Over the long holiday weekend I managed to catch up on three different films in three different Edinburgh cinemas, starting with Luc Besson’s French-language movie adaptation of the great French comics artist Jacques Tardi’s wonderful Adele Blanc-Sec graphic albums, sitting in the Art Deco delights of the lovely Cameo, sipping beer (as the auditorium is licensed and you can take in your drink from the bar, very civilised). It is a fab adaptation of Tardi’s work, taking the plot of two of his graphic novels (a magically revived pterodactyl from le Jardin de Plantes) and Adele’s quest to find and bring back a mummy who was supposed to be an especially gifted doctor to help her critically injured sister) and very effectively interweaving them into a hugely enjoyable adventure romp split between Egyptian tombs and the beauties of Belle Epoque Paris. I loved the comics (now being translated into English by Fantagraphics), they give a cracking adventure yarn much like Herge’s immortal Tintin, except aimed at an adult audience. Highly recommended and hopefully there will be another – certainly they seemed to set it up so there might be another and there are plenty of the comics to borrow plots from. Oh and I did like the ancient Egyptian’s joke about pyramids and the Louvre.

On the holiday Monday I went to catch Ken Branagh’s big screen adaptation of Marvel Comics’ Thor – as one of my comics chums remarked Thor is a character who could so easily end up being ridiculous cheese if not handled correctly. And a number of folks wondered at a director best known for highly regarded Shakespearean works helming a major summer action/comics hero movie. But in truth Brannagh handles it perfectly – he understands myth and how important that is (remember Thor isn’t just a superhero in a cape, he is a god) and also borrows from Joseph Campbell’s idea of the journey of the hero. Add in some romance, some good character development, some enjoyable action and some humour, not to mention some spectacular visuals (not least Asgard and the rainbow bridge). A smart, well made comics flick for grown ups and a good start to a summer season of cinema that is heavy with comics related releases.

The stand out for me, however, was a visit to my beloved Filmhouse, long my second home in Edinburgh, for the budget matinee afteroon. I went to see the latest film from acclaimed (and often decliamed, I suppose!) director Werner Herzog, a documentary on the Chuavet Cave in southern France, Cave of Forgotten Dreams. The cave was only found in 1994, sealed for millennia after landslides covered up the original, large entrance used in paleolithic times. Within the explorers found a beautiful cave of exquisite stalactites and stalagmites, mineral deposits that had taken thousands of years to form… And the earliest human artworks… Beautiful art painted deep inside the cave system, some 32, 000 years old. When prehistoric humans first started painting here the great ice sheets covered most of Europe beyond; there was no English channel and you could walk from Paris to London (if they existed) with dry feet; now extinct animals roamed the land like wooly mammoths, wooly rhinos and cave bears and there were two distinct species of humans in Europe. Only one of which made intricate artwork – not the neanderthals, but the homo sapiens. Our direct ancestors.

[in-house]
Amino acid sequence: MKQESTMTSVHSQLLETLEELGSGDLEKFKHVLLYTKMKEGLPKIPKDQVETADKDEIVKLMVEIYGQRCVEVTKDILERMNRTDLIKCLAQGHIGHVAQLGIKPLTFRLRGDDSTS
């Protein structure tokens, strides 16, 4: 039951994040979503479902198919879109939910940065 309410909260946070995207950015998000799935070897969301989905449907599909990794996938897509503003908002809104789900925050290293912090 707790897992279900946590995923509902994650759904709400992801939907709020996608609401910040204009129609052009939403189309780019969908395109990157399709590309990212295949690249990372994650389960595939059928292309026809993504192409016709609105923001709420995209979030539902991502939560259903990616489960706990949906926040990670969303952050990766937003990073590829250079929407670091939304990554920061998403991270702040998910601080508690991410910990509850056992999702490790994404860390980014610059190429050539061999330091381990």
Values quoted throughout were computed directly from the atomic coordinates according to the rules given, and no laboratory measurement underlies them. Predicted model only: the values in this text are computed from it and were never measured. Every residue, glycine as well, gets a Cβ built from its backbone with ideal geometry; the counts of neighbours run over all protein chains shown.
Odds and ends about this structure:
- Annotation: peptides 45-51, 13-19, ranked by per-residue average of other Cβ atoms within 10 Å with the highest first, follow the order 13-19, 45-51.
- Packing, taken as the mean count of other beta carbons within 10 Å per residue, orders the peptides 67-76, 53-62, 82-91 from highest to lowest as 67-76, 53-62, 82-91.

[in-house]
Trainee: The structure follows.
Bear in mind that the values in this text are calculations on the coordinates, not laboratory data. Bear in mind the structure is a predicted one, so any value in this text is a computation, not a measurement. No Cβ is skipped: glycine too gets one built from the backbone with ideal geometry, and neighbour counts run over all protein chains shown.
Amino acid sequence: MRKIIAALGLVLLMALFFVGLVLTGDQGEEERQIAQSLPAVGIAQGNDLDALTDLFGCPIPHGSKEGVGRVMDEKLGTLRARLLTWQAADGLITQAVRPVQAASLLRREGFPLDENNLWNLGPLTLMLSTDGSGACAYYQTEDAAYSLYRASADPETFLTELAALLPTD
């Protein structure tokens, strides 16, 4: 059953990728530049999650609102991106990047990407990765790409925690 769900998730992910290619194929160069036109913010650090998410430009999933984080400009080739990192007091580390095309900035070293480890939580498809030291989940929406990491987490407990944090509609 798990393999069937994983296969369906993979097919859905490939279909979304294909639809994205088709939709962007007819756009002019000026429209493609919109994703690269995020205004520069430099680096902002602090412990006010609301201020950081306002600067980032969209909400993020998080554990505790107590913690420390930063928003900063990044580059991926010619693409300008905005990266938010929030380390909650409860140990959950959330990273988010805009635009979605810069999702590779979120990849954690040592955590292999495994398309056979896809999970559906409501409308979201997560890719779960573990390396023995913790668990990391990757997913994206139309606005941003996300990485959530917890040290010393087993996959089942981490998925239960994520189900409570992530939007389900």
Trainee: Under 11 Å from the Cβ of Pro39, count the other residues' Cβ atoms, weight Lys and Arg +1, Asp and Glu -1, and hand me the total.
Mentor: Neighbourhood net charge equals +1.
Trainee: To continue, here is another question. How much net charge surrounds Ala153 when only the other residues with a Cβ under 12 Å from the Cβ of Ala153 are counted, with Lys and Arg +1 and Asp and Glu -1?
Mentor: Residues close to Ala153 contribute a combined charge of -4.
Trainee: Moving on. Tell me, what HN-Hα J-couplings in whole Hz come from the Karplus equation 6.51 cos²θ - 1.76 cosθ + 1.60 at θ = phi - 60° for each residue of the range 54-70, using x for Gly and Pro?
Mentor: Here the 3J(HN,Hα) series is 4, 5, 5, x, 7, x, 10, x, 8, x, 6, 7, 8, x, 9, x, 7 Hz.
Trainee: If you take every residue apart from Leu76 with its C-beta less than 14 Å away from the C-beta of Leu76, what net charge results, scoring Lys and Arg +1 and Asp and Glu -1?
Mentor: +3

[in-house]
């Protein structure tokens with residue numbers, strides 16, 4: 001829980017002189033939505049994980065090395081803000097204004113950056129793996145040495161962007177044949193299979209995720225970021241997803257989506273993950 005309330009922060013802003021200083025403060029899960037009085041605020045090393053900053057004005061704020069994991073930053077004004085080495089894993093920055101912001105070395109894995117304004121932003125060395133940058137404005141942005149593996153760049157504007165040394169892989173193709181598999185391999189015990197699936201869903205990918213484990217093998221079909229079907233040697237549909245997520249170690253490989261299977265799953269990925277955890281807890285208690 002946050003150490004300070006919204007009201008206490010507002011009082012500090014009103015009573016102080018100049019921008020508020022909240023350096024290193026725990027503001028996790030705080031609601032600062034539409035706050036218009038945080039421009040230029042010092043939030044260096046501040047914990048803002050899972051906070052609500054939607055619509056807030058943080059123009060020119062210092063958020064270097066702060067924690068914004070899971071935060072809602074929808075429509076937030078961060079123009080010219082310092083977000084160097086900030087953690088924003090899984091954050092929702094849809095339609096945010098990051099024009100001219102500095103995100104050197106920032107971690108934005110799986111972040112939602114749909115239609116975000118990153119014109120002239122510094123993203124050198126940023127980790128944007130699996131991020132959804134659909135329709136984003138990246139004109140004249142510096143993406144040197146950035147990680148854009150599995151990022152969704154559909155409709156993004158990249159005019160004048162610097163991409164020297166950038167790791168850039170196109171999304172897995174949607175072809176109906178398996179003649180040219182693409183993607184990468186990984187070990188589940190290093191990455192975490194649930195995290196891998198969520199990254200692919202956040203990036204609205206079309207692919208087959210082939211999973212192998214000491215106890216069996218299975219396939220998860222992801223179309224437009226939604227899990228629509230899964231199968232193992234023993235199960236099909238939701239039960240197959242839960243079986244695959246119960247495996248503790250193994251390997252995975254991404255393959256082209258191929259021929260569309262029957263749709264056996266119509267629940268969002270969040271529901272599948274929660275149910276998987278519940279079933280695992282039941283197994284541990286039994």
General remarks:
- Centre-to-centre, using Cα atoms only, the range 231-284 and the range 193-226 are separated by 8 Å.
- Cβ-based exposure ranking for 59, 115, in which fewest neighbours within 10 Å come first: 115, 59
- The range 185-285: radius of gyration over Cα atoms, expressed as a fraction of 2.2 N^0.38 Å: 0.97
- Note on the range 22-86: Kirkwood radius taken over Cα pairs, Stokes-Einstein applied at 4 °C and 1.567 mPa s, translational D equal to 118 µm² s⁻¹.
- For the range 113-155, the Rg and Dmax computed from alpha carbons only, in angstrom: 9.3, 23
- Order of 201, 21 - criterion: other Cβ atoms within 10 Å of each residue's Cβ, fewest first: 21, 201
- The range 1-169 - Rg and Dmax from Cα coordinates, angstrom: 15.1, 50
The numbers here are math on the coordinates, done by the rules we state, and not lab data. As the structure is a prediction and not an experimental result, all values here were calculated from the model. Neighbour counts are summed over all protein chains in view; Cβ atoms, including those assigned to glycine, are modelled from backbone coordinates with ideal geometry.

Some of the artwork is breathtakingly beautiful – and so well executed and so well preserved there were suspicions it may be an incredibly elborate hoax, but carbon dating plus the mineral build up over some artworks has proven their authenticity (although some still argue over precise dates). The ancient artists were astonishing – not only working in a dark cave with only firelight to see by, but cleverly using the cave itself, using the curves and protrusions of the walls and outcrops, suiting their animal depictions to the contours to give the maximum effect of animals